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PHOTO: You X Ventures

Businesses have been scrambling in the last few years to realign their organizations around the ongoing shifts in the customer realm. Spurred by a combination of mobile ubiquity, channel proliferation, ecommerce acceleration, access to unprecedented customer data and more, we've seen organizations large and small rethink their existing approaches and experiment with new methods of consumer interactions. But without an overarching strategy, one-off experiments will not build momentum. So what goes into an effective digital customer experience strategy?

Establish an Ongoing Research Process

“Understand the customer and the industry,” said Jared Stevenson, J.D. Power digital solutions consultant. Companies need to work to fully understand what customers want and where the company stands.

“Digital is accelerating,” Stevenson added. “New technologies are launched daily and product cycles are shortening. A company needs a clear research process to stay up-to-date and relevant.”

Internal research is also critical, Stevenson added. Without knowing where it stands, a company can’t move forward. Doing a thorough internal assessment of digital products, teams, talent, processes, capabilities and governance is key to moving forward efficiently.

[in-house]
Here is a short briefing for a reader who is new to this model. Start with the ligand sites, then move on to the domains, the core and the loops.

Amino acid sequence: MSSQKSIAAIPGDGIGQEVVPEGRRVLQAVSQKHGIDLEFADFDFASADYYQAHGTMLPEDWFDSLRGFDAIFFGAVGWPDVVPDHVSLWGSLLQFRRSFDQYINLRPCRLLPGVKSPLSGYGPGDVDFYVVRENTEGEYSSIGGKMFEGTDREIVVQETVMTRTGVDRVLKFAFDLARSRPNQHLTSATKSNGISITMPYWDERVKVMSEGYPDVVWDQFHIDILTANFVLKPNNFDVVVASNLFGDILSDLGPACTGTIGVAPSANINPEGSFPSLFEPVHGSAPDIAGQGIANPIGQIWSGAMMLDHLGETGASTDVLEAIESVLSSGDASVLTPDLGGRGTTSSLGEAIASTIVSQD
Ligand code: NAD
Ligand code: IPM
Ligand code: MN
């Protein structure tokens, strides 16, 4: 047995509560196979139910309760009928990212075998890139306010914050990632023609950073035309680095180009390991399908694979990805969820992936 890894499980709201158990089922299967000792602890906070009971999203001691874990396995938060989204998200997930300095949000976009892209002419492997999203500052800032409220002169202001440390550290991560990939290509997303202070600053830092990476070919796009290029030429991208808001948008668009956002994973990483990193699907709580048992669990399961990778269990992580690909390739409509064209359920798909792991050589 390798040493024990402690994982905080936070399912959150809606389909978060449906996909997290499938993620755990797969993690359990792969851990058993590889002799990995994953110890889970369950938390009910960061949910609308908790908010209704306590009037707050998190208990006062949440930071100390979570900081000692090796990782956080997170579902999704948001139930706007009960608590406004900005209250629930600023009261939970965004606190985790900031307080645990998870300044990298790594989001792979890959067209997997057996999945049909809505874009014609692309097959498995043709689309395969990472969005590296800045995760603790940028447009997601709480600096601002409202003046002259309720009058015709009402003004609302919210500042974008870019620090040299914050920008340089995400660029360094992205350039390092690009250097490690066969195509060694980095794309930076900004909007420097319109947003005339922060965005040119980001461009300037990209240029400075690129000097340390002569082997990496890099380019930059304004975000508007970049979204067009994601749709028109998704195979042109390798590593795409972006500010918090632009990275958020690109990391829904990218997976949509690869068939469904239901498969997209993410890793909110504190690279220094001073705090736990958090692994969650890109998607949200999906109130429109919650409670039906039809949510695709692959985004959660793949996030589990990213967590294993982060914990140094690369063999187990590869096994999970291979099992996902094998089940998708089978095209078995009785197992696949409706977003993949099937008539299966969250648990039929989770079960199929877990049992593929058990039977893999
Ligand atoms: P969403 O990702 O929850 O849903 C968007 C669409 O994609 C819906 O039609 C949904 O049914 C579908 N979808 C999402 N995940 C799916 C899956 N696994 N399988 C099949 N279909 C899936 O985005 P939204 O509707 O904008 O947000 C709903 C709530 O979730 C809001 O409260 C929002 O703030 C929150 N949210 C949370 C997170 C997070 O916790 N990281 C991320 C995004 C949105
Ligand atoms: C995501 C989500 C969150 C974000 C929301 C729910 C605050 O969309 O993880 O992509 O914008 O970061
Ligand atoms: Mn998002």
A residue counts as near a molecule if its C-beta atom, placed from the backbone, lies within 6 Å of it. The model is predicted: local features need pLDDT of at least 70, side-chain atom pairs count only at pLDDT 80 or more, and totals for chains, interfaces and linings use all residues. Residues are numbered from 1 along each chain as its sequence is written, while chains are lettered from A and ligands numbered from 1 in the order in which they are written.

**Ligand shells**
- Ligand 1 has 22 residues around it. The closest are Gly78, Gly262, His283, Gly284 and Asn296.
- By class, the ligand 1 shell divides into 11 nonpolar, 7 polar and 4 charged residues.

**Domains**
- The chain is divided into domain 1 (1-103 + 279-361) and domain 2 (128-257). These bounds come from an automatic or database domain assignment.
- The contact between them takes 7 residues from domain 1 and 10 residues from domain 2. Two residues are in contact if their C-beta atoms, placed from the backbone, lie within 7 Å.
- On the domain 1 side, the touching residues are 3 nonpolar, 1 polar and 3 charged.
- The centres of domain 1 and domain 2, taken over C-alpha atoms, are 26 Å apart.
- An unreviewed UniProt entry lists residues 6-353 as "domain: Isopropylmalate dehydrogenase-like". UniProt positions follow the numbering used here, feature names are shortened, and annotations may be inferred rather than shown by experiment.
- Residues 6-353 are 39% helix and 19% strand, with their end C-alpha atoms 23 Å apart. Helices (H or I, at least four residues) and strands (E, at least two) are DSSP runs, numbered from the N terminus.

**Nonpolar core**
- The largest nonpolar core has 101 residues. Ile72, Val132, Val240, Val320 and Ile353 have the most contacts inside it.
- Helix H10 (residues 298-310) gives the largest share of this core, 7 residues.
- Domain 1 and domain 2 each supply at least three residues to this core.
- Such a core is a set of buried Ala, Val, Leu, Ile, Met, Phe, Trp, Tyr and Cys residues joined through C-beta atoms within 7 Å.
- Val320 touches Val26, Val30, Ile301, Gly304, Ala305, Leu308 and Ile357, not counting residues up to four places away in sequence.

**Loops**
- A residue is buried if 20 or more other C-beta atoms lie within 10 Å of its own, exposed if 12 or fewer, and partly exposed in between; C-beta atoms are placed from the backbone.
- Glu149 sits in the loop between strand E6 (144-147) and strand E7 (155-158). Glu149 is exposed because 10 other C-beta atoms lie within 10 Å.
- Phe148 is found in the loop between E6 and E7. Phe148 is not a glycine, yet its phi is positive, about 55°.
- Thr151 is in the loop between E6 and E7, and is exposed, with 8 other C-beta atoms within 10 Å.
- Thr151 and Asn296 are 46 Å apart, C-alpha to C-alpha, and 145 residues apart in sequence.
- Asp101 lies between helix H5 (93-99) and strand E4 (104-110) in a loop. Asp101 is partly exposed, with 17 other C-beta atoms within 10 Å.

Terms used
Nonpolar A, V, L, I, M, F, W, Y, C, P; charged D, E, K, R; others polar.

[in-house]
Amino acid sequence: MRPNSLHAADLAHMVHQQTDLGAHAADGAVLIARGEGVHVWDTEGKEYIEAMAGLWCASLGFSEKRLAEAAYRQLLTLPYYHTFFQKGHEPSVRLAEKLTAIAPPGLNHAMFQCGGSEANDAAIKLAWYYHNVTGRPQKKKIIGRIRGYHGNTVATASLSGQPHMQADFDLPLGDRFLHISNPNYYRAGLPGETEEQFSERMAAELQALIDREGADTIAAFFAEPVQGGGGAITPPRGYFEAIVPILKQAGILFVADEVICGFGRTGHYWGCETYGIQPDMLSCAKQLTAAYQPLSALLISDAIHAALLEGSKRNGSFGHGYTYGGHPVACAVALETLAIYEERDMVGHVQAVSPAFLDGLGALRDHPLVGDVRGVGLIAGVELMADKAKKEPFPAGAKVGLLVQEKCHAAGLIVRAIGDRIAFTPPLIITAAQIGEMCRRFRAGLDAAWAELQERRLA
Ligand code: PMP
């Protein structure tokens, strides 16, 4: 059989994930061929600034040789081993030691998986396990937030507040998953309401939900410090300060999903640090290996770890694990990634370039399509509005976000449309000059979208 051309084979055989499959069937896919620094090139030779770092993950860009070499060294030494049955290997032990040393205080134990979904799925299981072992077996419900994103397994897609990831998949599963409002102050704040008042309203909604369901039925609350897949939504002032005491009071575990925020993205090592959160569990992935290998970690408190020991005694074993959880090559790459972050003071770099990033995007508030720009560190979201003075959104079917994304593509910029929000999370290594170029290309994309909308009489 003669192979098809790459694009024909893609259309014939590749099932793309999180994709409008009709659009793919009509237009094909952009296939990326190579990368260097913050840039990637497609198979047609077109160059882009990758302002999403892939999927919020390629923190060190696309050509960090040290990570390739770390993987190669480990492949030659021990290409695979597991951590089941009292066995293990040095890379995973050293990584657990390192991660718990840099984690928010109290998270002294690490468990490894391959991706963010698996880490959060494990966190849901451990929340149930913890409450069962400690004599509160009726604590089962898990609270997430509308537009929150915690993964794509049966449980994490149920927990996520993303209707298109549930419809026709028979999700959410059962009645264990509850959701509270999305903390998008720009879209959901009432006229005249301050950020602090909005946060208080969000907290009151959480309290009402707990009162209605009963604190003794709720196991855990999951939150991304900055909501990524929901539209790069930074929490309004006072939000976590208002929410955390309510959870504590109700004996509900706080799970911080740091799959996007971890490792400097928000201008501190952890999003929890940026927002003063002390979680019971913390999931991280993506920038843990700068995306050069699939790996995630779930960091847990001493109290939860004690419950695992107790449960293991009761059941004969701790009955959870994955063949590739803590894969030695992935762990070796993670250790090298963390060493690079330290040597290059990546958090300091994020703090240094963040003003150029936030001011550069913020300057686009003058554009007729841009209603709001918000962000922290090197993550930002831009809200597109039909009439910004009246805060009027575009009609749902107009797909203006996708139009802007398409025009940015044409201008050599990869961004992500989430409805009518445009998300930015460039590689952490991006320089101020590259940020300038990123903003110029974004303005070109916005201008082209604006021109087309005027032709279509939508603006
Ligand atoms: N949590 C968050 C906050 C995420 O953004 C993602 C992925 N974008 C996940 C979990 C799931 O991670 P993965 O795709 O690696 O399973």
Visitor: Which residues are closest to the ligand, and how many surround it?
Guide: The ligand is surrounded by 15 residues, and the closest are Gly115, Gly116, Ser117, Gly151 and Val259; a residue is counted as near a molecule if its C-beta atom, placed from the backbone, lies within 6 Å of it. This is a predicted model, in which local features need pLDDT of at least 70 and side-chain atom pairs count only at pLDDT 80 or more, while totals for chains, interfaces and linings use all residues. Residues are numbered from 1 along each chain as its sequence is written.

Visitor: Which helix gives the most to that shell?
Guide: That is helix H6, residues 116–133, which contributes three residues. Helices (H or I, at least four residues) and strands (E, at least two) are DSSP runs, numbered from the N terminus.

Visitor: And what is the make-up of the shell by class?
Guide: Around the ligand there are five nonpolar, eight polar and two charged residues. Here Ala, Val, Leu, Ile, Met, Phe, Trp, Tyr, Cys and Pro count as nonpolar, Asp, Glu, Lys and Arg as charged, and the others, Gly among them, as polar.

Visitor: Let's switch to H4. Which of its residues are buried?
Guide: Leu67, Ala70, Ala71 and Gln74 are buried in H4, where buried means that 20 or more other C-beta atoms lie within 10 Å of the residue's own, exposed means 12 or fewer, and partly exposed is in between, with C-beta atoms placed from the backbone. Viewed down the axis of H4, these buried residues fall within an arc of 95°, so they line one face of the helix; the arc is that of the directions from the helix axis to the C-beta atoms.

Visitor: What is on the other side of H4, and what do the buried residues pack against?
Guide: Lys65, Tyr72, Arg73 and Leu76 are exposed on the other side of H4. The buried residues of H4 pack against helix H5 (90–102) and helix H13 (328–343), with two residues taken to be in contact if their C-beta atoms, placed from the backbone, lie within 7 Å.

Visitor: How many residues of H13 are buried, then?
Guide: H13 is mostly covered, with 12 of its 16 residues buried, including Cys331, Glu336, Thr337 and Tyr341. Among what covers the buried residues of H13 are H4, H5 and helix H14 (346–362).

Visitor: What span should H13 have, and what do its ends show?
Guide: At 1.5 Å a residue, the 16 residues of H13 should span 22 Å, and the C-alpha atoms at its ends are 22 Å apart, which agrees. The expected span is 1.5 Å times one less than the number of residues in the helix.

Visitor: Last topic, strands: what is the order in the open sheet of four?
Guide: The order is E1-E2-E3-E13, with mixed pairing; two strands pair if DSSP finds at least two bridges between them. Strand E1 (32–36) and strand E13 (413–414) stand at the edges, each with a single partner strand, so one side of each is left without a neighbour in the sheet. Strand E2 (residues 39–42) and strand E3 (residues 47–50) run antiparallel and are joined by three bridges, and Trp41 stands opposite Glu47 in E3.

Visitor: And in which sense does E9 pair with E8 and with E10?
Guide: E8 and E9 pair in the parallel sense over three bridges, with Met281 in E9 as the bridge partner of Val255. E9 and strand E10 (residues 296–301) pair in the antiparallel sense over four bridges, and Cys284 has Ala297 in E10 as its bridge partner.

The research can help a company build a clear vision of where it wants to be in six months, a year, three years. However, Stevenson cautioned, iteration and flexibility is essential. Convenient experiences are inherently subject to the whims of new technologies; so it is necessary to build a plan with an inherent ability to incorporate new ideas, concepts and challenges.

Laura Stringer, principal, Ninth Fourth LLC, echoed this sentiment, recommending businesses establish two- or three-year visions and roadmaps, but emphasizing these should be living documents, due to the capricious and fast-moving nature of the digital world. The idea is to keep the experience always evolving, with longer-term vision guiding the changes.

Related Article: Specificity, Awareness, Inclusion: How Your Strategy Becomes More Than a Piece of Paper

Follow LEO: Listen, Envision, Output

LEO stands for listen, envision, output, said Chris McNeil, founder and CEO of Thaught, Inc.

Listen to the customers to understand what they are pulling for, McNeil explained. Listen very carefully to understand the “harmonics” of that pull — their higher-level thinking that they may not even be conscious of. Their values, beliefs and identity that relate to what they are consciously pulling for can help uncover what they would love but can’t articulate directly. Natural language processing will help with this interpretation.

Envision a better outcome than customer would articulate for themselves: one that hopefully satisfies values unmet by current offerings, McNeil added. Map the landscape of current marketplace offerings, and compare that with what the company learns in the listening stage to find unmet needs.